By Martha Z. Tegegn
Published: Thursday, August 5, 2010
Washington, D.C. (TADIAS) – Teshome Mitiku has not returned to Ethiopia since his abrupt departure in 1970. In a recent exclusive interview with Tadias Magazine, the legendary artist who is scheduled to make a historic appearance accompanying the Either/Orchestra at the prestigious Chicago Jazz Festival in September, talks about his extensive music career, his memories of Ethiopia and his famous daughter, the Swedish pop star Emilia.
Teshome burst into Ethiopia’s music scene during a period in the 1960′s known as the “Golden Era.” He was the leader of Soul Ekos Band, the first independent musical ensemble to be recorded in the country. The group is credited for popularizing Amharic classics such as Gara Sir New Betesh, Yezemed Yebada, Mot Adeladlogn and Hasabe – all of which were written by the artist.
Prior to settling in the United States in the early 1990′s, Teshome spent over 20 years in Sweden, where he continued to hone his music skills, earn a graduate degree in Sociology, and witness his daughter grow up to become a Swedish ballad and pop music singer.
We spoke with Teshome Mitiku over coffee on U street in Washington, D.C. in what the artist says is his first exclusive interview since his hurried journey out of Ethiopia 40 years ago. The soft-spoken and humorous artist, who sprinkles his answers with sporadic laughter, discussed with us his distinguished career spanning four decades and three continents.
Here is part-one of our 3-part series, which will be published in weekly installments.
You began your career as a teenager in an era known as “Swinging Addis.” What was
the music scene like in Ethiopia at the time?
It was fantastic. It was an upbeat time. The 60s was an era where things developed from one form of life to another. So it was a transitional period for the whole country. New ways of thinking and doing things were emerging in singing, playing, and producing. The big band era was giving-way to small bands including groups such as the Soul Ekos band, the Ras band, etc. Music instruments were changing as well. Everywhere you went there were groups playing, clubs were packed. I was still in high school at the time, but I was already playing in different clubs with several settings. Then we ended up forming the Soul Ekos band. For the last two years of the late 60′s, I played with this band, which was the most popular band in Ethiopia. Although more such bands have flourished, I don’t think anybody could replace that group.
You were one of the founding members of the band. What are your memories of Soul Ekos?
My memories of Soul Ekos band is just full of love. We were ahead of our time in many ways. We were very organized, disciplined, we had a manager and each guy in the band loved his instrument. There was no question of when to rehearse or how to rehearse it. We were playing in clubs, touring and taping. Our ideas of bringing about modern ways of playing music was getting popular. We did the recordings like Gara Sir New Betish, Hasabe, Yezemed Yebada, Mot Adeladlogn and many many more. Each one of us loved playing together. So what we did was that we rented a big house in Entoto, which had nine bedrooms and a giant living room.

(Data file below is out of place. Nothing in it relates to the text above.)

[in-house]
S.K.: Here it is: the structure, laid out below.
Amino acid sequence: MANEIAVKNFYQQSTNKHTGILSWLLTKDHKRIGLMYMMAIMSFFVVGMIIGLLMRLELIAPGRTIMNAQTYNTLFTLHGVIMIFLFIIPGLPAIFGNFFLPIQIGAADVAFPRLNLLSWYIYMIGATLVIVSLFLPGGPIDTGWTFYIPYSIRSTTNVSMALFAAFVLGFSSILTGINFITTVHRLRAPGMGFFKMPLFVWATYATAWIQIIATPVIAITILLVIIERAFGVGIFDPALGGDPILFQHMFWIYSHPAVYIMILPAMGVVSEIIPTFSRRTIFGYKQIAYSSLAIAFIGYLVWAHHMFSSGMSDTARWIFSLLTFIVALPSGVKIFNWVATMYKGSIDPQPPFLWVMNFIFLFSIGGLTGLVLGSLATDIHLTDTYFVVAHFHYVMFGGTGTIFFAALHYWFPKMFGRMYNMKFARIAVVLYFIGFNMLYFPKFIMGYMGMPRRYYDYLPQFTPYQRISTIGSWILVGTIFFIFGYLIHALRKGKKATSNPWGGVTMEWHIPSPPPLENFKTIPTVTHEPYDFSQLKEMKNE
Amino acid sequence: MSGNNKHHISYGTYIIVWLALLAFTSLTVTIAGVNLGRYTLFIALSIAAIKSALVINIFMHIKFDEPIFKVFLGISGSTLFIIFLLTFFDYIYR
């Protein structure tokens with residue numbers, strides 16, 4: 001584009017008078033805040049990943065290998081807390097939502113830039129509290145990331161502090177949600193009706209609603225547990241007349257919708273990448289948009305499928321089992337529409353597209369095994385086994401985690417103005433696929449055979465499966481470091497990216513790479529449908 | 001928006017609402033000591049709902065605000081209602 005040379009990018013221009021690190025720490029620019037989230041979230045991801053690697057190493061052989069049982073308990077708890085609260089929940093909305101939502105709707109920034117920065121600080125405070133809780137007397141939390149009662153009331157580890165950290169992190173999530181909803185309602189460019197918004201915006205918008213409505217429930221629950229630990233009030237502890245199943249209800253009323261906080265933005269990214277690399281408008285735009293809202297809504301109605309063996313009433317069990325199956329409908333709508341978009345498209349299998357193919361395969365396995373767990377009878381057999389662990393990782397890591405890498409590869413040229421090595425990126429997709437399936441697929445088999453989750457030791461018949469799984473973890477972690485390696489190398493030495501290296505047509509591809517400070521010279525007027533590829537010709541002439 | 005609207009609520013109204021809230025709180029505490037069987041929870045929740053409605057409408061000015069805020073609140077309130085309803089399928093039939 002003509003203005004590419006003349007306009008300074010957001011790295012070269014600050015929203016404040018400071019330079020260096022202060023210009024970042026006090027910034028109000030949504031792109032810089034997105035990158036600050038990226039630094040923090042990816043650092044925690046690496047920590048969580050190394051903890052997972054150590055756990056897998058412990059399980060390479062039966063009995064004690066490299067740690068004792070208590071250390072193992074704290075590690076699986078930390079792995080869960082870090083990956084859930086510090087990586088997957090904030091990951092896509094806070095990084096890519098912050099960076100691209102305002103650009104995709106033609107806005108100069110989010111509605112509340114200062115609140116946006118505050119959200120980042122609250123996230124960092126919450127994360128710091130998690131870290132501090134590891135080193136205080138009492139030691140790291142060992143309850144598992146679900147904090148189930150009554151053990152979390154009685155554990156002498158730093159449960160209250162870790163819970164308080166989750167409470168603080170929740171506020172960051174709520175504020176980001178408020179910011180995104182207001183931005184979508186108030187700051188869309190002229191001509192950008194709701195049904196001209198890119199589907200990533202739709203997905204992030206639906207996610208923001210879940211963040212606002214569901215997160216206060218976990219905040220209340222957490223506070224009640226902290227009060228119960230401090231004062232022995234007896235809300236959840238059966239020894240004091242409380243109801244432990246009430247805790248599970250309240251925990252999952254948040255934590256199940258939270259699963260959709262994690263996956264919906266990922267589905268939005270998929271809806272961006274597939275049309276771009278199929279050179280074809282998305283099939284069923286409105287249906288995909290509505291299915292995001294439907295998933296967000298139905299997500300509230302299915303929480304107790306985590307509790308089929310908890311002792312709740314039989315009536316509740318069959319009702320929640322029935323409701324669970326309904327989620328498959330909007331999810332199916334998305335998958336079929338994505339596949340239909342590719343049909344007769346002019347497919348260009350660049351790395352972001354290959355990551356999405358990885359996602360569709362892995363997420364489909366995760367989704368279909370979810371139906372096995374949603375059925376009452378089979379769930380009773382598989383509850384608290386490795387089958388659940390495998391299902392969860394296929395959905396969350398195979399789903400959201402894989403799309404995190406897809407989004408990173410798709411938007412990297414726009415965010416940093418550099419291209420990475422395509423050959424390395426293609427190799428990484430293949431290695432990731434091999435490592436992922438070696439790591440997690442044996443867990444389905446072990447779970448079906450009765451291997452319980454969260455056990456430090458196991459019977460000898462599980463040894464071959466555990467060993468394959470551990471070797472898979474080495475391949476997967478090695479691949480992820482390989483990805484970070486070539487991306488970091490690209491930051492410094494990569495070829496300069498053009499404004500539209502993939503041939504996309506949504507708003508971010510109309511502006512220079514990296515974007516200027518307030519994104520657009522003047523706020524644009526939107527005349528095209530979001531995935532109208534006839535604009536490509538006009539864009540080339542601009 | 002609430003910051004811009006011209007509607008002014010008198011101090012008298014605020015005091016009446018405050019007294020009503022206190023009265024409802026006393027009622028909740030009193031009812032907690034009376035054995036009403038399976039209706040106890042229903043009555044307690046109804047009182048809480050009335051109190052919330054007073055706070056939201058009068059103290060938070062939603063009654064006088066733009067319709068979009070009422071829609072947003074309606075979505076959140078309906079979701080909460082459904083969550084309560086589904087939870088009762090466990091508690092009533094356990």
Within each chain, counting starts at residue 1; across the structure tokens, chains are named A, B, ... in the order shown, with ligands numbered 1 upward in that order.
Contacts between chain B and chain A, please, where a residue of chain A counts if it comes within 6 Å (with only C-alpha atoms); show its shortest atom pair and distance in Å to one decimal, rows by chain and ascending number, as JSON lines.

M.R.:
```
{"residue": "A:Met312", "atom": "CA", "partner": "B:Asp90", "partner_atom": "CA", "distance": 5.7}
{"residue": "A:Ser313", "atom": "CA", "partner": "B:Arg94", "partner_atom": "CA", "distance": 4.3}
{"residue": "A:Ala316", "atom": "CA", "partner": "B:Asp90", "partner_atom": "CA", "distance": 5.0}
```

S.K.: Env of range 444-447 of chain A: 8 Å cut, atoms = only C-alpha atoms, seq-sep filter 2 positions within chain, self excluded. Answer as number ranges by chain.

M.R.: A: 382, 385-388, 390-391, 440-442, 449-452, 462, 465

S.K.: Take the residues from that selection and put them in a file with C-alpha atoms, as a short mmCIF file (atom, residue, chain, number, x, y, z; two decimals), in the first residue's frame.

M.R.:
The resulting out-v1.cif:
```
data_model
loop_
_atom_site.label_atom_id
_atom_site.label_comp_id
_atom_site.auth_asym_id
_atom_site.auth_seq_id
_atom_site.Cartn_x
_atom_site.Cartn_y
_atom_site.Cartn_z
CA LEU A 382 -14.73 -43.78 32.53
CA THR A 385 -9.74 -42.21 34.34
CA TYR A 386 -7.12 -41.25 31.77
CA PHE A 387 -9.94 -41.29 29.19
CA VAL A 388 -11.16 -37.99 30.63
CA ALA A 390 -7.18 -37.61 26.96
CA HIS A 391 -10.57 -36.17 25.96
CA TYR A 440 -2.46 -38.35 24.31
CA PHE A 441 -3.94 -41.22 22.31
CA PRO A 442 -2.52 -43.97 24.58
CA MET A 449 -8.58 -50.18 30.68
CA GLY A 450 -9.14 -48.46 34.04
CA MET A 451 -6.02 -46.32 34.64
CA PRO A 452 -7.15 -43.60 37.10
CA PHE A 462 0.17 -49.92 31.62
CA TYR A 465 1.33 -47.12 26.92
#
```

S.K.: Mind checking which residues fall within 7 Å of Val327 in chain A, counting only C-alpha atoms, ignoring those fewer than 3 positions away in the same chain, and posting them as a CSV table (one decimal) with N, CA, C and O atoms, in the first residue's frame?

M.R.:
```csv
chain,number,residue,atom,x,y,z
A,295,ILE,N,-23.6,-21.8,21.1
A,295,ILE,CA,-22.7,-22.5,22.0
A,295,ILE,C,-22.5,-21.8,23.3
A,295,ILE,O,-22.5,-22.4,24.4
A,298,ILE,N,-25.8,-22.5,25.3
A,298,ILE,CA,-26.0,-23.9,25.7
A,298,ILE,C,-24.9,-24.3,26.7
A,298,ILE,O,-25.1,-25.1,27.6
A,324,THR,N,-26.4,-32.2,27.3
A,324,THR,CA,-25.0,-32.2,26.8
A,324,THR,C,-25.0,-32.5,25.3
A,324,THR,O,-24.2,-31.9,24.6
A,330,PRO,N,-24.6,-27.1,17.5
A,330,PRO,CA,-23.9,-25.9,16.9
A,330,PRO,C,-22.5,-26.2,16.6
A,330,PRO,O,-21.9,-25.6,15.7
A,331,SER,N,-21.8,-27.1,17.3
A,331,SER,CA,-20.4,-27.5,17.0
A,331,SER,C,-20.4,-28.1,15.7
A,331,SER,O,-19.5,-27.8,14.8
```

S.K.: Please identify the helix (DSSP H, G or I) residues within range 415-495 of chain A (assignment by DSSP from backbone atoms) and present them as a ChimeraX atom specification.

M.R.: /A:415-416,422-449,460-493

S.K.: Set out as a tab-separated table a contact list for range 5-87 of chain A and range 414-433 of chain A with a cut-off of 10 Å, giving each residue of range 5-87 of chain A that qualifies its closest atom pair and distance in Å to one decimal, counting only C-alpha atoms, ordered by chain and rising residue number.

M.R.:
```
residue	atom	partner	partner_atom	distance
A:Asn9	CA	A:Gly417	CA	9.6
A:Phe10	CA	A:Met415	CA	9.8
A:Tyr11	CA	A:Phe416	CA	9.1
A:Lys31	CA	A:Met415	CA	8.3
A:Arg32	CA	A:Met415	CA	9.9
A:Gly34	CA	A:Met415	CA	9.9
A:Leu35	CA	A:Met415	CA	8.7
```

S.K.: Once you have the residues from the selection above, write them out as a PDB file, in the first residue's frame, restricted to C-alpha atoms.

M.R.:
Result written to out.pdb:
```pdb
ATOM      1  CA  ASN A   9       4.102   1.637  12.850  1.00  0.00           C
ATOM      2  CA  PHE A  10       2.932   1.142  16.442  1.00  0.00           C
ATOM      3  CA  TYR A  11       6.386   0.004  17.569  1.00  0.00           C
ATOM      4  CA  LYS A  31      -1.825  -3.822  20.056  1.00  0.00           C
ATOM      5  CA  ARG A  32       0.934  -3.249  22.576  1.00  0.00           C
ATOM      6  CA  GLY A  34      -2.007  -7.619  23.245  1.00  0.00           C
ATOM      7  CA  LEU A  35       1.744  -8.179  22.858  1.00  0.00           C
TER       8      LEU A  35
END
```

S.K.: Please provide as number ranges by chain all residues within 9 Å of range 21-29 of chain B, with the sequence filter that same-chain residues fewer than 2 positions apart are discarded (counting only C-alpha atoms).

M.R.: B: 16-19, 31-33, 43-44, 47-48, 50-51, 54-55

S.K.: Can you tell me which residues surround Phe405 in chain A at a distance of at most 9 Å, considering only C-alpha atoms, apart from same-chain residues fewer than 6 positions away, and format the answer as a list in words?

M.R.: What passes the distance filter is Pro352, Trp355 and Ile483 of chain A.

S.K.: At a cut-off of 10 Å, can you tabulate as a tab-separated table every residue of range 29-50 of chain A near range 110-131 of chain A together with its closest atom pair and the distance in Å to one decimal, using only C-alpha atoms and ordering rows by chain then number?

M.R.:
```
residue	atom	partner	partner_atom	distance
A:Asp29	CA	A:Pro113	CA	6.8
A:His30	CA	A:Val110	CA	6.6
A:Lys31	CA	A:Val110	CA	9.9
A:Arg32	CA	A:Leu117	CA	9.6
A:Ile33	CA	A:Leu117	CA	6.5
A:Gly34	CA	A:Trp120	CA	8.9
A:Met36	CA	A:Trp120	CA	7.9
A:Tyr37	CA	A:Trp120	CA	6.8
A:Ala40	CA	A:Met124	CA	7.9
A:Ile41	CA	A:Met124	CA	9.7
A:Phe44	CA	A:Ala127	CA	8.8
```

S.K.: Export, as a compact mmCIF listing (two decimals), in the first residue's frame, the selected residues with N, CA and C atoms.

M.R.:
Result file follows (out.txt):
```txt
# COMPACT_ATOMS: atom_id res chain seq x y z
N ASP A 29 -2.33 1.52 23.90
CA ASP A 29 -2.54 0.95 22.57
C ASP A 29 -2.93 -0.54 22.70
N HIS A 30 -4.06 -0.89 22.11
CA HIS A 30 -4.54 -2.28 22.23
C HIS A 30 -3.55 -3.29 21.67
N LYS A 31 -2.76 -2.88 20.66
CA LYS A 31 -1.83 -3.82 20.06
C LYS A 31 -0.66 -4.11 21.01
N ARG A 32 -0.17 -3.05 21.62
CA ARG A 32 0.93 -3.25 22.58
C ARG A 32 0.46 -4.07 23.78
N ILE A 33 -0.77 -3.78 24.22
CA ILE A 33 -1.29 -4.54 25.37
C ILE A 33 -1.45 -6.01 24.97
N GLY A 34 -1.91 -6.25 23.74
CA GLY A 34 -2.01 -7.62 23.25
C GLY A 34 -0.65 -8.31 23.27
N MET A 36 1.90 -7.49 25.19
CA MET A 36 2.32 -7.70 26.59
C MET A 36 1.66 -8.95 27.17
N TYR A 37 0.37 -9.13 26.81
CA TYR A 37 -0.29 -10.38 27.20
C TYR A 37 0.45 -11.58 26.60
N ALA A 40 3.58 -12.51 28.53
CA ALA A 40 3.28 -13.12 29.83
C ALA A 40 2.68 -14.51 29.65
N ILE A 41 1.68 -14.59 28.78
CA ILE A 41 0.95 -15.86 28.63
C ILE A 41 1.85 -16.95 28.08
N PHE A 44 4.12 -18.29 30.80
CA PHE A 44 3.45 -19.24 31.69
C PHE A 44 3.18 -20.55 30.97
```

So you guys also lived together?
(Laughs) Yes that is how much we enjoyed each other, we lived together. Each one of us had our own bedroom though (more laughter). We would get up at 7 o’clock and by 9 we were on stage in the living room for rehearsal until 1 o’clock, and we take lunch break until 3 and get back and rehearse until 6 then we go home. But home is where we practice so everybody did whatever they wanted to after 6. We saw too much of each other, but it never felt like that at the time.
Were you making enough money to support yourself?
We were the highest paid band. But we never placed money at the center, the music was our center. But we had income. I mean we were playing on weekends at Kangnew station in Asmara (then part of Ethiopia) and we used to play at hotels, clubs, schools, universities so the income was there. We were booked everywhere. We were flying left and right nationwide and internationally. We went to Sudan, Kenya all kinds of touring. We were a busy band.
Do you still keep in touch with some of the band members?
Yes, Teddy (Tewodros Mitiku) the saxophonist, is my brother, so we keep in touch. He lives in Maryland and I live in Virginia, so we meet and we call every now and then. I also keep in touch with Alula Yohannes, the guitarist we call each other on the phone we are even thinking of performing together. There was sort of a small reunion way back in 1995 but that reunion wasn’t really a soul Ekos reunion it was a reunion of guys playing in the 60s. So we got together and played at the Hilton here, it was the relaunch of my carrier in music. So, we might do that again. But some of our guys have passed away: the singer Seifu, the trumpeter Tamrat, the drummer Tesfaye. Among the original Soul Ekos band, only four are still living: Teddy, Fekade, Alula and I.